David Boies, the star trial lawyer who helped lead the legal charge that overturned California’s same-sex marriage ban, is becoming chairman of the Partnership for Educational Justice, a group that former CNN anchor Campbell Brown founded in part to pursue lawsuits challenging teacher tenure. NY Times


Freedom Schools build readers and leaders
More than 100 African-American and Latino students mill around a South Los Angeles high school gymnasium, talking and greeting each other on a summer morning. But at 8:30 a.m., they begin clapping and chanting, coalescing into a pulsating, high-energy force. EdSource


Nonprofit group’s class teaches youths basic skills for college
After leaving his third high school without a diploma, Davis decided he wanted a higher degree and signed up for a course that would help him adjust to college life and give him two credits. LA Times


L.A. Unified school board race turns negative, focuses on reputation
orge McKenna has the sort of resume that would appear to make him a natural frontrunner in an important contest this month for the Los Angeles Board of Education.  LA Times


St. Hope taps Michelle Rhee as board chair, removes superintendent
St. Hope Public Schools has named Michelle Rhee, the controversial former Washington, D.C., schools chief and charter schools advocate, as its new board chairwoman and removed Jim Scheible as its superintendent. Sac Bee

Morning Read: Brown administration seeks to dethrone API

Brown administration looks to diminish influence of API
Move over API. You’re not the top dog for determining school success anymore, the president of the state’s Board of Education said this week. S&I Cabinet Report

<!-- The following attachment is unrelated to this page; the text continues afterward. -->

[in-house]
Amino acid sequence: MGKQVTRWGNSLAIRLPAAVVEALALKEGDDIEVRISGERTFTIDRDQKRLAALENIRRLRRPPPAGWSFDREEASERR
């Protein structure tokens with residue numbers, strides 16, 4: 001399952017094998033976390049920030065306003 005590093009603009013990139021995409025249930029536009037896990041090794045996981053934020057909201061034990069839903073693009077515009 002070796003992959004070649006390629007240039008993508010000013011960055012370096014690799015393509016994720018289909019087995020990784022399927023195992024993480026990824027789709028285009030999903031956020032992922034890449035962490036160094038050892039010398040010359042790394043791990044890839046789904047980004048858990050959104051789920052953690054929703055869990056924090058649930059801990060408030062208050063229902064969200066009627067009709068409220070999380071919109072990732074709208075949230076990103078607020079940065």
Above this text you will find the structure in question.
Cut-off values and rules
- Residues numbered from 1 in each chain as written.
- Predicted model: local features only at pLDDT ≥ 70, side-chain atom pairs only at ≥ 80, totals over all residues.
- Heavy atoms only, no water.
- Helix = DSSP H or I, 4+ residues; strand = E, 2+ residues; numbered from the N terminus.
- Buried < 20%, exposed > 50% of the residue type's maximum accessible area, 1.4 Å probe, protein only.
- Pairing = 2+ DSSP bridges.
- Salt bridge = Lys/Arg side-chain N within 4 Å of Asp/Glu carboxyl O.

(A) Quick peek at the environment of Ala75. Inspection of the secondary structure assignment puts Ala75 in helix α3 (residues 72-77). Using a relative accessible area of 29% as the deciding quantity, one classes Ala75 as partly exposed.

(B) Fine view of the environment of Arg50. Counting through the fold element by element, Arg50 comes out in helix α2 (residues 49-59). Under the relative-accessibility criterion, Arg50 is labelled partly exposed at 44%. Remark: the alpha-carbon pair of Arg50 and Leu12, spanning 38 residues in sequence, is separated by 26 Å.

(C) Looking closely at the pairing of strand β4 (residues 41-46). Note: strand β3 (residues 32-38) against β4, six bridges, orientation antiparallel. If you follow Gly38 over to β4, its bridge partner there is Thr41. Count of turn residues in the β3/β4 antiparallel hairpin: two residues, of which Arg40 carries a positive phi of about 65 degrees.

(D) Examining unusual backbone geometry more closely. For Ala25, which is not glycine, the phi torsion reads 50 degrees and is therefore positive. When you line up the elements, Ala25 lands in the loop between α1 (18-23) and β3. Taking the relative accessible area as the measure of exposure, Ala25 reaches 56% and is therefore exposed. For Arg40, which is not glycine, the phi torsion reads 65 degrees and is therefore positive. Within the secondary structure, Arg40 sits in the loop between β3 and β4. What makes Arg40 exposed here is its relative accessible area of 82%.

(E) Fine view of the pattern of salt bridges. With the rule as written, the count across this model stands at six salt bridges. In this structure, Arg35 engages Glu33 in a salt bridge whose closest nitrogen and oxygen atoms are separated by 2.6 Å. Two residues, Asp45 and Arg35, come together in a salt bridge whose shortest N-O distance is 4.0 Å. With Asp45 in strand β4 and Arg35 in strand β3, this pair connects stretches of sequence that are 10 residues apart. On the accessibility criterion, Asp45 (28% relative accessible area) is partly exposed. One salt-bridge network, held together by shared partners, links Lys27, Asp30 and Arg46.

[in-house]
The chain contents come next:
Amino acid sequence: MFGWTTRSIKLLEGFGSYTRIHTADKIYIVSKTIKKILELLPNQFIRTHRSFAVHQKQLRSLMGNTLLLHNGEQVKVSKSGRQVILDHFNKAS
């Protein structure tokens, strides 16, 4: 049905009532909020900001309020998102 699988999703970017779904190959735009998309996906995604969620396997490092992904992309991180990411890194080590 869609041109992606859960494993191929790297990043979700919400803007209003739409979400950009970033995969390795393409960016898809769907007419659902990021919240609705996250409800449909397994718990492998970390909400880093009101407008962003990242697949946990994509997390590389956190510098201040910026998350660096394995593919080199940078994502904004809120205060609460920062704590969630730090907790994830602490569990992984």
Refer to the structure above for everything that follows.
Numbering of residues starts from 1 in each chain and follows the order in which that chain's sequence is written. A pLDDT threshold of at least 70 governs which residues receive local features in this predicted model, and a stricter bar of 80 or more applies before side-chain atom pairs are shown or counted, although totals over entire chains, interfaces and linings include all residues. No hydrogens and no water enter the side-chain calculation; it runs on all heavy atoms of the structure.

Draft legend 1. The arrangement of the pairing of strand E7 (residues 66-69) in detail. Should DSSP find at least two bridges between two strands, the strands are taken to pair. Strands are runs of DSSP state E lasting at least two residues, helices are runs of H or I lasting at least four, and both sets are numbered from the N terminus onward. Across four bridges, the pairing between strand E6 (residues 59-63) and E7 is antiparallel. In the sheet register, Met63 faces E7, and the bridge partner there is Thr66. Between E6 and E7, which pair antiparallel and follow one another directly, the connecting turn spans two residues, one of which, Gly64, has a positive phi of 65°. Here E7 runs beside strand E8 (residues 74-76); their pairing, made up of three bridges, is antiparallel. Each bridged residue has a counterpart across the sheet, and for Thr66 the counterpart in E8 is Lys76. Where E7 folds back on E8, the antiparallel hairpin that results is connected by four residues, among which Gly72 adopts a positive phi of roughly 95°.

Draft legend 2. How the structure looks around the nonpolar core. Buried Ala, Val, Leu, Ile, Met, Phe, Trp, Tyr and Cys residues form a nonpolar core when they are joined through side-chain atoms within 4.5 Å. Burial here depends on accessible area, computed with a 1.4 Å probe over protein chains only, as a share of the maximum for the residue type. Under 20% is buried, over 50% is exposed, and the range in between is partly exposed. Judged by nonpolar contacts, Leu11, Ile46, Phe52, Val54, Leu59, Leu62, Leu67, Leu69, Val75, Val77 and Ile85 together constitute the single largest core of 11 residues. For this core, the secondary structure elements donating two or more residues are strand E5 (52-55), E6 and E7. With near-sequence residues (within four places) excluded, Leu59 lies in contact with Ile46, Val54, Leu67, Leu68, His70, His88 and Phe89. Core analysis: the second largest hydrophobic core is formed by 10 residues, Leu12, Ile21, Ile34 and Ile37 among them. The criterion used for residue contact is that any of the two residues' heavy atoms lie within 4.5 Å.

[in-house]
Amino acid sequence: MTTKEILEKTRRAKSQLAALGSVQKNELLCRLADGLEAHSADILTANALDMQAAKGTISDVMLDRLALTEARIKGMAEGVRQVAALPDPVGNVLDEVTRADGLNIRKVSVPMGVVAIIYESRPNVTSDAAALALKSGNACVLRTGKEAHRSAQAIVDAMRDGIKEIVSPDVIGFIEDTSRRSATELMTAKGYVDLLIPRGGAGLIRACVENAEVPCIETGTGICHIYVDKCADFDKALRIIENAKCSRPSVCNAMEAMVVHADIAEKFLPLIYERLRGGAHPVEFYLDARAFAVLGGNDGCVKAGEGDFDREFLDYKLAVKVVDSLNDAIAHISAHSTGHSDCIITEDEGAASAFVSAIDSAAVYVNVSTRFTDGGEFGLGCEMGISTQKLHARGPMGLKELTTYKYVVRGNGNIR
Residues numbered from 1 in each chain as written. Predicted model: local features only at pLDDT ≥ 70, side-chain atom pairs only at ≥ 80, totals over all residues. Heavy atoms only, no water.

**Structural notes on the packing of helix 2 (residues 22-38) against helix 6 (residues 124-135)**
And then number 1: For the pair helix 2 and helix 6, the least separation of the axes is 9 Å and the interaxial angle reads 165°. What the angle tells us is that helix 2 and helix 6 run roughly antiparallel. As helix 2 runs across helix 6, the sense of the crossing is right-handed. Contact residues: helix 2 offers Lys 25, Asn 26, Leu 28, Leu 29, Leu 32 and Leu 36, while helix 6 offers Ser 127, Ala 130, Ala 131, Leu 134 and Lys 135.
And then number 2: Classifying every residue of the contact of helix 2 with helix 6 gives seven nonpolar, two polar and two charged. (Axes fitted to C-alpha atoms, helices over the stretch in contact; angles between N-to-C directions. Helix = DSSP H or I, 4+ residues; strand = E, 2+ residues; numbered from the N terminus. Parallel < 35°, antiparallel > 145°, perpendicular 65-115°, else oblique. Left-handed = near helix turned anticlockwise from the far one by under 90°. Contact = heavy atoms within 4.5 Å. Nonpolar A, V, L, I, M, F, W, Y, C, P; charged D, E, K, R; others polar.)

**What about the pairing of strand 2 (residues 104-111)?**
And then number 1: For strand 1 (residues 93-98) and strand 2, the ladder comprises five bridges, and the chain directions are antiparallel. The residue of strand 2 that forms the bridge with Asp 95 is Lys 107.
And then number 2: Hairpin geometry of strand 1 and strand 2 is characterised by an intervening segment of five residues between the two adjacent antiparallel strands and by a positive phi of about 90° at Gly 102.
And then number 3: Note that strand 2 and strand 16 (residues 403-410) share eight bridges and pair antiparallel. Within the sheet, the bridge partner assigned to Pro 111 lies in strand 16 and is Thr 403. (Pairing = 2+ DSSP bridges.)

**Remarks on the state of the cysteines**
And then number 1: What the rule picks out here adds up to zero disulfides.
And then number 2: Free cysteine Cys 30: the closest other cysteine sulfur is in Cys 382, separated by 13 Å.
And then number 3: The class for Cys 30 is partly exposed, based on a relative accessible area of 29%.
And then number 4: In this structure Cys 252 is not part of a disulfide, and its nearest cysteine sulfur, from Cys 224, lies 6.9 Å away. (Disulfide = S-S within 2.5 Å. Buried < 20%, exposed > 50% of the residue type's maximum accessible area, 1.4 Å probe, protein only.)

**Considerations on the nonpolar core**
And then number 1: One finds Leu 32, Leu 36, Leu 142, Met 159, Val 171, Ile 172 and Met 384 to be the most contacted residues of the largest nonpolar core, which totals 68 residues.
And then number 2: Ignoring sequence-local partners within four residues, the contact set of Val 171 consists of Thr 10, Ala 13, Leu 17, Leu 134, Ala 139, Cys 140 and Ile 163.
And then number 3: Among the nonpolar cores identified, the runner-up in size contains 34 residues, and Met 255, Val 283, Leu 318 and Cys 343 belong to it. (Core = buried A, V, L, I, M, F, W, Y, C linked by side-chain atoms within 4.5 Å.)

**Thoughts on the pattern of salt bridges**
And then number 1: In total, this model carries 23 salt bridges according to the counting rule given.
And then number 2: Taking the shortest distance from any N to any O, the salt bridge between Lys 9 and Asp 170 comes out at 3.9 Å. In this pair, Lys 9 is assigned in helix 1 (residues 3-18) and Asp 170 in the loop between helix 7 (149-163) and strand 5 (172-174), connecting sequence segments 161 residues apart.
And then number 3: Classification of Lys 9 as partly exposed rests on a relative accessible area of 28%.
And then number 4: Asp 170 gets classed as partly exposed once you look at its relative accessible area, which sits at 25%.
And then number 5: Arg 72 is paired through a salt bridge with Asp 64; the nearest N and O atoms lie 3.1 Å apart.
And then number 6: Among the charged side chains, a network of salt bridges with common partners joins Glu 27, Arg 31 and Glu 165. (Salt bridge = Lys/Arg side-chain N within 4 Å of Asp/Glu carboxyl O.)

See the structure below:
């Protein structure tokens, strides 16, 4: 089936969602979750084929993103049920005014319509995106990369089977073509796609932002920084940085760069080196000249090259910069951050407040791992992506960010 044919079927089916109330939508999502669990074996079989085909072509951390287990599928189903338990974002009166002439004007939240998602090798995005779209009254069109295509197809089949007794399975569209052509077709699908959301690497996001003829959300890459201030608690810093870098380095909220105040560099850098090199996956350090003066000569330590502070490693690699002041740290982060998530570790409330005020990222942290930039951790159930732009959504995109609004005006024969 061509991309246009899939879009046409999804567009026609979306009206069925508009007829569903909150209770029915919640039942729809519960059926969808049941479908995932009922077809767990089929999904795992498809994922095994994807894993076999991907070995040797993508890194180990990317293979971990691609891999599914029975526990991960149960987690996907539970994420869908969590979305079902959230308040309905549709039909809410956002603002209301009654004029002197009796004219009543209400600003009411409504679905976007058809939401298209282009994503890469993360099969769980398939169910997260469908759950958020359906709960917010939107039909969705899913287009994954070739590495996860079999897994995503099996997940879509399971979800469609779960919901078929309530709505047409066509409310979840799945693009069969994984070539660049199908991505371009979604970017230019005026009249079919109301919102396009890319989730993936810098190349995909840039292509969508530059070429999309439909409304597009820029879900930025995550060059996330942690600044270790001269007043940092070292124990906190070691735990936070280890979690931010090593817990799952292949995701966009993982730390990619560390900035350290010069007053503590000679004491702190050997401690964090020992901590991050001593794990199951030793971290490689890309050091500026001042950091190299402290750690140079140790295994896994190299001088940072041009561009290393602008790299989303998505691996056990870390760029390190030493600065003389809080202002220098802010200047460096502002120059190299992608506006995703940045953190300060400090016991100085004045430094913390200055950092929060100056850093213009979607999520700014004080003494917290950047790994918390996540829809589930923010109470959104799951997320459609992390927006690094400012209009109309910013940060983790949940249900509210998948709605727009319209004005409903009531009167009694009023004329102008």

Half of the nation’s children have suffered trauma, report says
A report out this week finds that just under half of the nation’s children have lived through at least one traumatic experience – most commonly, financial hardships. It’s part of a national look at early chronic stress in children’s lives compiled by the research institute Child Trends. KPCC


Schools set to adjust to revamped E-rate policies
The Federal Communications Commission’s recent makeover of the E-rate program is billed as a step toward transforming the fund from one focused on supporting 1990s-era telecommunication tools to one that accommodates 21st-century technologies. Edweek


Importance of talking to infants now on TV
This new spotlight on early childhood development in pop culture is no accident. Writers from both shows were approached by and worked with staff from the Too Small to Fail initiative, which is focused on spreading the message that talking to children in the early years is a key to future school success. EdSource